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Flooded forage cut for hay may affect livestock

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By David Harrison

Flood damaged forage may have elevated levels of ash or bacterial contamination. Both must be considered when feeding livestock.
Internal mineral content of forages is usually 6 to 8 percent and forage normally has 2 to 4 percent soil contamination is largely silica (sand) and of no nutritional value to animals. This means that forage fed to animals should be increased when ash levels are above 10 to 12 percent and the value of forage reduced correspondingly.
Horses can be particularly sensitive to high ash content in the hay as the sand building up in the intestinal tract can cause sand colic. The sand/silica causes pain by two methods:
1. Sand presses on the bottom of the intestine, preventing blood from entering the area. This causes the long term, low-grade pain that can cause a horse to eat poorly without ever really acting colicky.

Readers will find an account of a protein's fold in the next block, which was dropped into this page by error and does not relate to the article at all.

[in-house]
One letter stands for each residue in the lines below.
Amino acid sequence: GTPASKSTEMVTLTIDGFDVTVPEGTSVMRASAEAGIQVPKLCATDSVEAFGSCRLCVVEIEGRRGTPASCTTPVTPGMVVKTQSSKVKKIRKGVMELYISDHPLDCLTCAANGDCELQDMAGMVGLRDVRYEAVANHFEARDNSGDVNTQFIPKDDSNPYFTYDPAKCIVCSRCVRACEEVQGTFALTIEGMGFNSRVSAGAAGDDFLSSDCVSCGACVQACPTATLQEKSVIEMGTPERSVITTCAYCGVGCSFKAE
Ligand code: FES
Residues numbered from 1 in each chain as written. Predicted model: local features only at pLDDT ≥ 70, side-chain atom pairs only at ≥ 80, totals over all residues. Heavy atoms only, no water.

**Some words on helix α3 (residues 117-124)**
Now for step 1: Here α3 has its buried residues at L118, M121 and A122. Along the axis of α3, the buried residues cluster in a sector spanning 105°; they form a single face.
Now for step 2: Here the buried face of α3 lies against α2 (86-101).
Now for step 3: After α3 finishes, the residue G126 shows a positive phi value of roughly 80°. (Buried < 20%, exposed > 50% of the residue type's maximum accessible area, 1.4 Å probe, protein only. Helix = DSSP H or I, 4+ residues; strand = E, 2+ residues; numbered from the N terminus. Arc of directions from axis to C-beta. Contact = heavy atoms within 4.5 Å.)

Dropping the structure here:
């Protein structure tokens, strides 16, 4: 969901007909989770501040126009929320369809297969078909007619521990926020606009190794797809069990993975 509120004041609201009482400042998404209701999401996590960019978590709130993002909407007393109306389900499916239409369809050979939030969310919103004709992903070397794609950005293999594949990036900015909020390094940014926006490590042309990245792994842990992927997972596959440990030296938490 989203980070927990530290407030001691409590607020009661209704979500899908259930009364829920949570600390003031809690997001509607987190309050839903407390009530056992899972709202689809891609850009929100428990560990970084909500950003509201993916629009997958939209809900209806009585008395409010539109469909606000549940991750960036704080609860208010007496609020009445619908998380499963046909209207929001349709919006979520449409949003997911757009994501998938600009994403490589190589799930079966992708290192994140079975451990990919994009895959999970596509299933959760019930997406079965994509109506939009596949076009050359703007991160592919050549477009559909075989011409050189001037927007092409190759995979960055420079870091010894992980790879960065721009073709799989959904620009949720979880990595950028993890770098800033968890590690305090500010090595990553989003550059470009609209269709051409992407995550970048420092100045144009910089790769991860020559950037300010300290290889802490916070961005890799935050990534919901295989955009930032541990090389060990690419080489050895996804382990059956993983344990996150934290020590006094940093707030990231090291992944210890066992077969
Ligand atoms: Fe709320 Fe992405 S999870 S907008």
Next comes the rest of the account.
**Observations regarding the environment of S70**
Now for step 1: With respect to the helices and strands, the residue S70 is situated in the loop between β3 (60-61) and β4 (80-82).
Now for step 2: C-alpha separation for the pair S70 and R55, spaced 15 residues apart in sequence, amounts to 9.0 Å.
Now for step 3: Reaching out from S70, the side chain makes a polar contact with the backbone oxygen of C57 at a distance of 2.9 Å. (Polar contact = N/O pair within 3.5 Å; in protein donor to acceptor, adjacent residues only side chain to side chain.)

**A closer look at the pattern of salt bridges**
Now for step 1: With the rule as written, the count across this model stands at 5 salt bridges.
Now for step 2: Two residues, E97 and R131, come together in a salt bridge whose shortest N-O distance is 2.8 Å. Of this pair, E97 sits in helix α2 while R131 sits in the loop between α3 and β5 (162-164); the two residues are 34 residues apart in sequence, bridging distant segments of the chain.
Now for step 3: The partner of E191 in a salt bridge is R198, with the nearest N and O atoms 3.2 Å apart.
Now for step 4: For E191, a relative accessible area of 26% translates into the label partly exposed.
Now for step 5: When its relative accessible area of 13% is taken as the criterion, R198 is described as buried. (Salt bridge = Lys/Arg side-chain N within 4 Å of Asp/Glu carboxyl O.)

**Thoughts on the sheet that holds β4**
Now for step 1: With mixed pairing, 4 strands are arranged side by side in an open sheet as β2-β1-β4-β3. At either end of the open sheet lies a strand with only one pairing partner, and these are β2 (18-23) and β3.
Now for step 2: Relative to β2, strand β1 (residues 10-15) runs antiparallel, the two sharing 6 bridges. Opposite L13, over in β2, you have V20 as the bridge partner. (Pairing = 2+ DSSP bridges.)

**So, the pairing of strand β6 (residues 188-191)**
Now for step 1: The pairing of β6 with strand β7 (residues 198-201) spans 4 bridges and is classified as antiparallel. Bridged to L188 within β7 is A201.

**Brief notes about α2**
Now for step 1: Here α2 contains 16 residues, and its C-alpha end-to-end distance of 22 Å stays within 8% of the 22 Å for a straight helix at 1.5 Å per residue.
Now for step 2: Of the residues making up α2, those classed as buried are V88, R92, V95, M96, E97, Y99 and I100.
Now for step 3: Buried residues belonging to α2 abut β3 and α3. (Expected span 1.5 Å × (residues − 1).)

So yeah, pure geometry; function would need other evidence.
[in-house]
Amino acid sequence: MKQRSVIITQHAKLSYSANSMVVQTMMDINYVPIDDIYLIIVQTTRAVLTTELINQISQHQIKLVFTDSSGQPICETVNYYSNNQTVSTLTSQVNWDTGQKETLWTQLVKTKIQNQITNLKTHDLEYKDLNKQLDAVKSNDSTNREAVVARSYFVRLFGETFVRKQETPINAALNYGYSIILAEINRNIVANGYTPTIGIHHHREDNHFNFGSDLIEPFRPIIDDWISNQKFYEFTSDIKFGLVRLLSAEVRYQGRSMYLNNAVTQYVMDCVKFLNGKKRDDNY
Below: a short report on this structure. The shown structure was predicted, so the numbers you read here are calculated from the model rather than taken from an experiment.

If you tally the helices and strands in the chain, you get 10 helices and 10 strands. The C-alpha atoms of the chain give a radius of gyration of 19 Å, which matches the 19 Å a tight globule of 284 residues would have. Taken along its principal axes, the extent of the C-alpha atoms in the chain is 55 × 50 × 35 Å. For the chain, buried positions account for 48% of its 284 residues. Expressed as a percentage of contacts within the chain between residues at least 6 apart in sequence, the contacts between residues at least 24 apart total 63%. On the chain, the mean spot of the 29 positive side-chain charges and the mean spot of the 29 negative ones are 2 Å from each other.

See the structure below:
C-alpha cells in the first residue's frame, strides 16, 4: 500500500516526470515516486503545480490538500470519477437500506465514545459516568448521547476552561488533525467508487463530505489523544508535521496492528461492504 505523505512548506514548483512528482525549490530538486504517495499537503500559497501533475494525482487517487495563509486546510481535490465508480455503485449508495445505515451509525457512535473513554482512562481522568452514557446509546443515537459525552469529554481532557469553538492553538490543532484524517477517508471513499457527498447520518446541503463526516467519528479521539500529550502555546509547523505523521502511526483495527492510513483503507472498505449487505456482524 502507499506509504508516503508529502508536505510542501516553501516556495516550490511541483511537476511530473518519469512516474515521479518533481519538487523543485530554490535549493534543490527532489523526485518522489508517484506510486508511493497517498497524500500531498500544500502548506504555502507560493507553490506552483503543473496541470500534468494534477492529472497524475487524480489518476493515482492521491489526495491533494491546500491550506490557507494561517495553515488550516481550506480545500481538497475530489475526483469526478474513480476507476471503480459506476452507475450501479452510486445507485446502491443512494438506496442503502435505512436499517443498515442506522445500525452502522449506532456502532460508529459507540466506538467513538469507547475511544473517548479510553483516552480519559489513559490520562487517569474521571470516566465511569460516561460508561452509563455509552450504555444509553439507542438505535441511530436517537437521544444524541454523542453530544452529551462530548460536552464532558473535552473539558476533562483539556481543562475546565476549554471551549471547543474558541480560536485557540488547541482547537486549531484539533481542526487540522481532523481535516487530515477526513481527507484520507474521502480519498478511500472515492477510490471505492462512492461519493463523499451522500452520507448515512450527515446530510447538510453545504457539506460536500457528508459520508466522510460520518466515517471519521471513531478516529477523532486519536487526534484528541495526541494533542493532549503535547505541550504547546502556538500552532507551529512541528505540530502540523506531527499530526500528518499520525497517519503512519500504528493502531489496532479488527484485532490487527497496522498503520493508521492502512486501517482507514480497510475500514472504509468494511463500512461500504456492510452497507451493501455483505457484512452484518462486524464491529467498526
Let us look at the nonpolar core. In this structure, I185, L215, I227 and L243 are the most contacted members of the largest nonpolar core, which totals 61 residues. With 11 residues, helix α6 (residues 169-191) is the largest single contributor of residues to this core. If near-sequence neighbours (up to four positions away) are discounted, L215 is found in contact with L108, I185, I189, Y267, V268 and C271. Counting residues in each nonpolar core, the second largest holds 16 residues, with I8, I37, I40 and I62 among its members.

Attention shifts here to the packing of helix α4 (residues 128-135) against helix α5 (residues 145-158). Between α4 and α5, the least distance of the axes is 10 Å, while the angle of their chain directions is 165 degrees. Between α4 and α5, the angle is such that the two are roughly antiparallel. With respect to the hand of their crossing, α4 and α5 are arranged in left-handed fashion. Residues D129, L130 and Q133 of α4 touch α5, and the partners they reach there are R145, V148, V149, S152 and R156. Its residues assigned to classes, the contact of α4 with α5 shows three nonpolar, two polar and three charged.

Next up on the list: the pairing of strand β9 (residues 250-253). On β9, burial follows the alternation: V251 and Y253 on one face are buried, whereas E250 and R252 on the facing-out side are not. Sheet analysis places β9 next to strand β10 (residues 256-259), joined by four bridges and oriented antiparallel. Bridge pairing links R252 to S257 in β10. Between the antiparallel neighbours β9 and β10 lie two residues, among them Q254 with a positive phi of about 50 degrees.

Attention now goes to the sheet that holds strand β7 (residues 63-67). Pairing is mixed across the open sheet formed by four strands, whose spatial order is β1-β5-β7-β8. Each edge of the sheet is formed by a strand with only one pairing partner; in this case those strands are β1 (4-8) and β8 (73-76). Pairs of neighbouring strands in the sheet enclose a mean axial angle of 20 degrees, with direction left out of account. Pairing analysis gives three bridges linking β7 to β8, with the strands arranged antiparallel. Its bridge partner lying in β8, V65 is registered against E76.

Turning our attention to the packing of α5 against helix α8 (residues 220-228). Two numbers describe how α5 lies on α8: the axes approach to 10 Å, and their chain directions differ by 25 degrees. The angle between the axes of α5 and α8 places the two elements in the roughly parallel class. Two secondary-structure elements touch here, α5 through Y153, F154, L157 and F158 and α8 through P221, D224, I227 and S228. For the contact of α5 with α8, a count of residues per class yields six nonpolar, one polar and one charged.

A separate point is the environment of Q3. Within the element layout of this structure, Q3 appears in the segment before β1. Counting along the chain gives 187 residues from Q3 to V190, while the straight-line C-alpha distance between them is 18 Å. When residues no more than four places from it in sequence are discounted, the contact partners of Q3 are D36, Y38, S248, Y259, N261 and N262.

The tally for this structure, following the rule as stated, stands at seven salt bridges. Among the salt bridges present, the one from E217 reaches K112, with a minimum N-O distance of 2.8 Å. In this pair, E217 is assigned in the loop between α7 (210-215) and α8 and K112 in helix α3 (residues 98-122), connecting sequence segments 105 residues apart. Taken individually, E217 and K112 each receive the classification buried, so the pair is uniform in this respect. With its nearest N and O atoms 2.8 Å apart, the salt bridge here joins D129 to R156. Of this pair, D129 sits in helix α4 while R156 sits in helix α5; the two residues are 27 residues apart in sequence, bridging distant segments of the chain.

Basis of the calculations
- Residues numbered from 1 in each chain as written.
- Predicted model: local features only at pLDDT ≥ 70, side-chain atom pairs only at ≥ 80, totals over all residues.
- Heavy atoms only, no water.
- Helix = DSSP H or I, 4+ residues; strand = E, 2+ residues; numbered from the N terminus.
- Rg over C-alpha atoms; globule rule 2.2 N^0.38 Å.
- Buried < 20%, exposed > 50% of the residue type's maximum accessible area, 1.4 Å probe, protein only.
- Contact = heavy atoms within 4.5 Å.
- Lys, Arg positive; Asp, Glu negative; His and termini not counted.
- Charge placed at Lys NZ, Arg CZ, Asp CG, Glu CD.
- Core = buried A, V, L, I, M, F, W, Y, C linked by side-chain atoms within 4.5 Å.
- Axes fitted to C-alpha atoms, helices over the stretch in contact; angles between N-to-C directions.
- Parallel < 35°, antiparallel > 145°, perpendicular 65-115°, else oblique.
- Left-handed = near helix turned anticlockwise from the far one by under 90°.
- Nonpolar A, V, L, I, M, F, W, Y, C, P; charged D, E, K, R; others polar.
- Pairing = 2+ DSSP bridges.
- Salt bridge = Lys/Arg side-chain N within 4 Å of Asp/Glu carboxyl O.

2. Eventually sand can build up to the point that it totally blocks a loop of intestine. This causes a very painful buildup of hay and water in front of the blockage.
A second major problem caused by flooding is that bacteria and other microorganisms may have contaminated the forage, especially if flood water flowed across manure piles or runoff from manured land. Flood water may contain microorganisms that cause illness and death.
Bacteria and fungi may grow and produce mycotoxins on alfalfa/grass lying in the field. This microbial growth may be less of a problem if harvested forage is fermented because the associated heat will reduce microbes; though forage may still contain mycotoxins. Microbial populations will be less of a problem for cattle than sheep and horses.
This article is based on information from Dan Undersander at the University of Wisconsin.